Chair of board setting up new body says it is set to take role accrediting new local design codes
The man overseeing the set-up of the government’s new housing design advisor, the Office for Place, has rejected the suggestion the body is just a reheated version of Cabe, the design quango scrapped by the Coalition in 2011.
In the first part of an exclusive interview with Housing Today, Nicholas Boys Smith, chair of the advisory board overseeing the set up of the unit, said the Office for Place was “not Cabe 2”, and was being set up to achieve different things.
Boys Smith (pictured left) also said that the aim was that the Office for Place, currently a unit of around a dozen staff within the housing ministry, would become an independent body.
The body was launched last month by housing secretary Robert Jenrick alongside a series of tweaks to national planning policy designed to embed the government’s “beauty” agenda in to the planning system. The government also published the final versions of its new National Model Design Code and National Model Design Guide.
Boys Smith, who set up influential design charity Create Streets before heading the government’s Building Better Building Beautiful Commission, said that while Cabe had focused on promoting design reviews of specific projects, the Office for Place was instead likely to take a role accrediting local design codes drawn up by councils and developers.
The body will also undertake research on placemaking and focus on sharing best practice.
He said: “I do think this is different to Cabe. The world has moved on. What Cabe did successfully was embed the practice of design review. But when Cabe existed, and subsequently, we’re not creating enough good places. We need to do more.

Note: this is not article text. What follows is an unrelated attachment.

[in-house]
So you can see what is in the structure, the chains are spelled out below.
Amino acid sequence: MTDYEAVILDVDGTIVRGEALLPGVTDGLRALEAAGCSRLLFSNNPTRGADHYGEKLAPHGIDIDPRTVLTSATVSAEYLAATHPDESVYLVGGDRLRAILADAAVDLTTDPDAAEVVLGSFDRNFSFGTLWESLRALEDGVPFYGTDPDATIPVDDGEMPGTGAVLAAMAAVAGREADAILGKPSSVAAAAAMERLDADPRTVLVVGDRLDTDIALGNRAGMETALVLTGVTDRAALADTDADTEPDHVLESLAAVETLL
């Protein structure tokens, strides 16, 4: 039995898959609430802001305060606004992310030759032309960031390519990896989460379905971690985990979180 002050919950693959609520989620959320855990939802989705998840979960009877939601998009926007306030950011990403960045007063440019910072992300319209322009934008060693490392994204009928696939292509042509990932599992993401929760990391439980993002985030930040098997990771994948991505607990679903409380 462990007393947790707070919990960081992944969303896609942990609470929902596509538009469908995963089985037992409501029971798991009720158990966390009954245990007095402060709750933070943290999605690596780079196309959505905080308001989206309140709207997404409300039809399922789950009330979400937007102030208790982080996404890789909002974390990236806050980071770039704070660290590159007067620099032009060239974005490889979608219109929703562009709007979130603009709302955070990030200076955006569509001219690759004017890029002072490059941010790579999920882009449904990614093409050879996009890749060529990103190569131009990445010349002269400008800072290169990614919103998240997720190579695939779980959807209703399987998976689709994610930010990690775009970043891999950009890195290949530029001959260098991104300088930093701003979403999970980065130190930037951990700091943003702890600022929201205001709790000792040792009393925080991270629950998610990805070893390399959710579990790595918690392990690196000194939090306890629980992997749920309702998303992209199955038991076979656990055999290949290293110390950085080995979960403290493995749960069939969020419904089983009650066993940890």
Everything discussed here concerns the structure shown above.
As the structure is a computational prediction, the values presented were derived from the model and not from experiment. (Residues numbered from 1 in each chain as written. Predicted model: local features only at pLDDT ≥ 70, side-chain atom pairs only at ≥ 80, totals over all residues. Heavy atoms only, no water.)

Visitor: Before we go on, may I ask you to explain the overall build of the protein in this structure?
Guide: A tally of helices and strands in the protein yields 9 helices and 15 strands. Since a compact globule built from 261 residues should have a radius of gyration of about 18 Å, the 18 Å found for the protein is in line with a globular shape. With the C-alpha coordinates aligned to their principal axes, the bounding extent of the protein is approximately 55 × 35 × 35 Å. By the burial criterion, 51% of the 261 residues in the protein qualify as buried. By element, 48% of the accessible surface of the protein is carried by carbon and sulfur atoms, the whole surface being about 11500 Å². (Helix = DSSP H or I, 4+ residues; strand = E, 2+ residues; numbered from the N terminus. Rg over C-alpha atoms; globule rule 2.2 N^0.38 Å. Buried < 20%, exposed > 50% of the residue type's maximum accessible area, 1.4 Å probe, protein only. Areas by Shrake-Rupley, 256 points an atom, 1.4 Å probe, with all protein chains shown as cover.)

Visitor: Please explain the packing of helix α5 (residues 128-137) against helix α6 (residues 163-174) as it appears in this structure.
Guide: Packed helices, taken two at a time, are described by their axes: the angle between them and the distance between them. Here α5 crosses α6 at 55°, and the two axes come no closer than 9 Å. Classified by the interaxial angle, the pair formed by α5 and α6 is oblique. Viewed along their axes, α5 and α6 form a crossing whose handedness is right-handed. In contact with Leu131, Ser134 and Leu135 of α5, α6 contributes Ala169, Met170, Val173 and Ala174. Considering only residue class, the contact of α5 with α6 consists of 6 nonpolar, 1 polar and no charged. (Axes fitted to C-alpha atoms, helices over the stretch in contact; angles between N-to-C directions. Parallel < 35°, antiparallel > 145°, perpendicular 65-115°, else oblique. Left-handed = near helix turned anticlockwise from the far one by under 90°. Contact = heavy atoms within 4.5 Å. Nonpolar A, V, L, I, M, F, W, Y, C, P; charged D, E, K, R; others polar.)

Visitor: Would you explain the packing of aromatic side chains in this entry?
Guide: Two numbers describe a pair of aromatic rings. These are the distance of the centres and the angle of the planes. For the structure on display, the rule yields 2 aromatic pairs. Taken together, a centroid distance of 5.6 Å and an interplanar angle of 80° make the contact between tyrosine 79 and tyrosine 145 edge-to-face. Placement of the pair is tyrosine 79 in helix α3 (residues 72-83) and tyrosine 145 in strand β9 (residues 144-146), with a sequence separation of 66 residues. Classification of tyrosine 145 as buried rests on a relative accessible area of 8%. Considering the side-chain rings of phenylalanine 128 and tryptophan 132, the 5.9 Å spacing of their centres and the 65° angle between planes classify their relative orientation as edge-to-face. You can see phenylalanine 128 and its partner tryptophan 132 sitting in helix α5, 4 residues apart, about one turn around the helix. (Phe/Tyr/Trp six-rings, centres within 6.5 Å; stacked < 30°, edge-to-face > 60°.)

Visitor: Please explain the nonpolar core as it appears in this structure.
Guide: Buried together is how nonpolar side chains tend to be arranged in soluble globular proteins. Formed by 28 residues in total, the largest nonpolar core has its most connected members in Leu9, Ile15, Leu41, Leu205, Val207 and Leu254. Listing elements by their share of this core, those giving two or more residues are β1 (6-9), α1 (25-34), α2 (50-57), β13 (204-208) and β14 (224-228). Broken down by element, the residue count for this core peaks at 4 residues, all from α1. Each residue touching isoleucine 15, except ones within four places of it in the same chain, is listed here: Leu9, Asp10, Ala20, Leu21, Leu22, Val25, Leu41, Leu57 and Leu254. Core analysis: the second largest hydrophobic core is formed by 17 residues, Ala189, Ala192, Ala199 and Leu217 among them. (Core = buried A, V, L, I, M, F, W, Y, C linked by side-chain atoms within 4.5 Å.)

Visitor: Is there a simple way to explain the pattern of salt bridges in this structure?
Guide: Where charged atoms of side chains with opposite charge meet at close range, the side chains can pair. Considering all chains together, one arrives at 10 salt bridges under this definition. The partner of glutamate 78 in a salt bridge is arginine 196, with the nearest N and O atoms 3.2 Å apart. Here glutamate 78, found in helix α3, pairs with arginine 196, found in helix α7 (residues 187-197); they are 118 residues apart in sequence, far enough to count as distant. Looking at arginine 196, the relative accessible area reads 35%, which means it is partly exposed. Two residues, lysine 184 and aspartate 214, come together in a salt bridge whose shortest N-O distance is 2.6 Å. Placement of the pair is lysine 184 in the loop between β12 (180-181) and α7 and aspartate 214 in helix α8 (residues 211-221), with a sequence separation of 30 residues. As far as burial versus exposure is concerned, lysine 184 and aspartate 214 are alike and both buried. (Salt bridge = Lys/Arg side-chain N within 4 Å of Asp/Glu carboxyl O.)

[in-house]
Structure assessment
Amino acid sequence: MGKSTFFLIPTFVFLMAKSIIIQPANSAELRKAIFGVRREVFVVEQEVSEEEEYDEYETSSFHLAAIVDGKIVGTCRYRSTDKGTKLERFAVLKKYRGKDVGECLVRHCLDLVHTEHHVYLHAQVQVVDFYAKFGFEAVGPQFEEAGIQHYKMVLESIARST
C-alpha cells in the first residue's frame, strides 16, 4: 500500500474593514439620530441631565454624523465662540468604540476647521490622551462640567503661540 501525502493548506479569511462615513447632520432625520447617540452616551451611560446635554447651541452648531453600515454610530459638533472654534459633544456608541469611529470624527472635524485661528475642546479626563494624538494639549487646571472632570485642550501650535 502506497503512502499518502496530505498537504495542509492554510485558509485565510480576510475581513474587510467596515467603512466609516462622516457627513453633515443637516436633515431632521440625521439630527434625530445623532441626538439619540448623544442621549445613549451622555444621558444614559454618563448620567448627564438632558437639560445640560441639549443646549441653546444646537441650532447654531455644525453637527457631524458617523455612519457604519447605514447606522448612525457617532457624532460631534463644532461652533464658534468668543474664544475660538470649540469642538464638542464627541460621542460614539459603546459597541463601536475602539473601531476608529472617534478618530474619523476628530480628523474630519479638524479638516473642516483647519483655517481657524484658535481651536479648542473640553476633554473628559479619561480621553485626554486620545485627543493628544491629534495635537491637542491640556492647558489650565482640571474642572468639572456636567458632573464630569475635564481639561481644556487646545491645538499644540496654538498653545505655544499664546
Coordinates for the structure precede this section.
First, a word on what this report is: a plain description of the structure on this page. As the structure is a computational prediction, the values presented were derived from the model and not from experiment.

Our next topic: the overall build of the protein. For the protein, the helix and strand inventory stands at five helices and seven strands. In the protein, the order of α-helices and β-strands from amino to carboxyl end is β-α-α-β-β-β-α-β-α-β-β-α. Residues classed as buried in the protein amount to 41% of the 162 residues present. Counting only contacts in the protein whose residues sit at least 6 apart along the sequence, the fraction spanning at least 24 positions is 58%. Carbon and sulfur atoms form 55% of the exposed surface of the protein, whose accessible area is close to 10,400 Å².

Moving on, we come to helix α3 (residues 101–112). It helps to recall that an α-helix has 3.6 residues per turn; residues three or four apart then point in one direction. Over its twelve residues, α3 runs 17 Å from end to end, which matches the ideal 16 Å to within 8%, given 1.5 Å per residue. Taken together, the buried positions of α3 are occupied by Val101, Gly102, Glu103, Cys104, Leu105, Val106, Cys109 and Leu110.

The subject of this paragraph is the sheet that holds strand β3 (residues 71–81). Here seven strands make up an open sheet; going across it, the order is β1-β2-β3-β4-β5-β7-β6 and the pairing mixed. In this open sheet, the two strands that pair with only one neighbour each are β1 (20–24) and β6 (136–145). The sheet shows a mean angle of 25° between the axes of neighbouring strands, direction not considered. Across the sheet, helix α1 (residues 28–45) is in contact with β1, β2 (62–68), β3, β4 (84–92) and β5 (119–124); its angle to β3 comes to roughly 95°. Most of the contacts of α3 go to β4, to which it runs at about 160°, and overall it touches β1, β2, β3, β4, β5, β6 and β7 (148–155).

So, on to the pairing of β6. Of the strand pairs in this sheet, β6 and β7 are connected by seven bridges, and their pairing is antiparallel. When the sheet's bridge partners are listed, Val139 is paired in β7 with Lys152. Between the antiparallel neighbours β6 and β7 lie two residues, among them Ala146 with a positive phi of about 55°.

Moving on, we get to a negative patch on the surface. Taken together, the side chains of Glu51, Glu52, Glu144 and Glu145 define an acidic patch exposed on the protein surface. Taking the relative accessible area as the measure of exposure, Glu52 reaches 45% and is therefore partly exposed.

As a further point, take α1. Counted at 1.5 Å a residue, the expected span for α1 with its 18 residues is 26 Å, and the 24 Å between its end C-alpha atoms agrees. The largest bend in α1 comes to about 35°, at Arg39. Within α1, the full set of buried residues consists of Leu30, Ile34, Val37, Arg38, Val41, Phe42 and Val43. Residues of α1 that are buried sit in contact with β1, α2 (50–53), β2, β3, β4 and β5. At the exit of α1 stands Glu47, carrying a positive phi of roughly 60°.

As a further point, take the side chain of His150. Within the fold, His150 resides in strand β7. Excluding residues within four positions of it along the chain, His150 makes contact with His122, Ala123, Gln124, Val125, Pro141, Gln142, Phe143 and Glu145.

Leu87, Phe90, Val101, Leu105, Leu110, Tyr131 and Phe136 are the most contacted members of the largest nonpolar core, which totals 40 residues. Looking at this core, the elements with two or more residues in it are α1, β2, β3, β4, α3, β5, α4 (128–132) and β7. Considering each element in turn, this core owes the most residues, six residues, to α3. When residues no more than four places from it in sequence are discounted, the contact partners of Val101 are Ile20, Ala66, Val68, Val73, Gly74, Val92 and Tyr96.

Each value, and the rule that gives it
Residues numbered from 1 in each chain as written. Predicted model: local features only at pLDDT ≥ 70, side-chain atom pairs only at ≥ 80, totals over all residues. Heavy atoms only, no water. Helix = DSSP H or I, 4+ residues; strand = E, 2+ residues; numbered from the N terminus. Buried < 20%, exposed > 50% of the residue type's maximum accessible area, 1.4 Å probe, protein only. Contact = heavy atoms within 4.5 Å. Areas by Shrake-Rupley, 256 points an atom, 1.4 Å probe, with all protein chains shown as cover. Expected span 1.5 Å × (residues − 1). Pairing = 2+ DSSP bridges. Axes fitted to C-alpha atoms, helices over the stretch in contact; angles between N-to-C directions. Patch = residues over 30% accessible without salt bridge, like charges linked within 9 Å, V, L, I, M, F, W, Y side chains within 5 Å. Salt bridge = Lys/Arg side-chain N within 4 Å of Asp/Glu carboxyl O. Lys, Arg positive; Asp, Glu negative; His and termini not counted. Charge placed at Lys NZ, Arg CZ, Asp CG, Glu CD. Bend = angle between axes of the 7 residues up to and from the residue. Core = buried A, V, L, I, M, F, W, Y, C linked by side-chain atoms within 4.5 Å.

“Things Cabe was not able to do are now doable. The ease with which you can do some of the research is increasing – the opportunities for broad digital engagement have been absolutely revolutionised. We’re at a different point.
“The Office for Place is not Cabe 2, it’s not set up to be Cabe, it’s set up to meet the needs we now have.”
Asked whether the body would take a role accrediting local design codes, Boys Smith said the board hadn’t made a definite decision but that it was “highly probable we will”. He added the board was in discussions with government over the exact final form of the body, and whether it required statutory powers.
While working on local codes and undertaking research will be the body’s initial focus, it will ultimately also act as an advisor to government and train professionals to implement its housing design agenda, he said.
For the first part of the Nicholas Boys Smith interview, click here. The second half of the interview, covering his take on housebuilders and the government’s wider planning reforms, will be published on Housing Today tomorrow.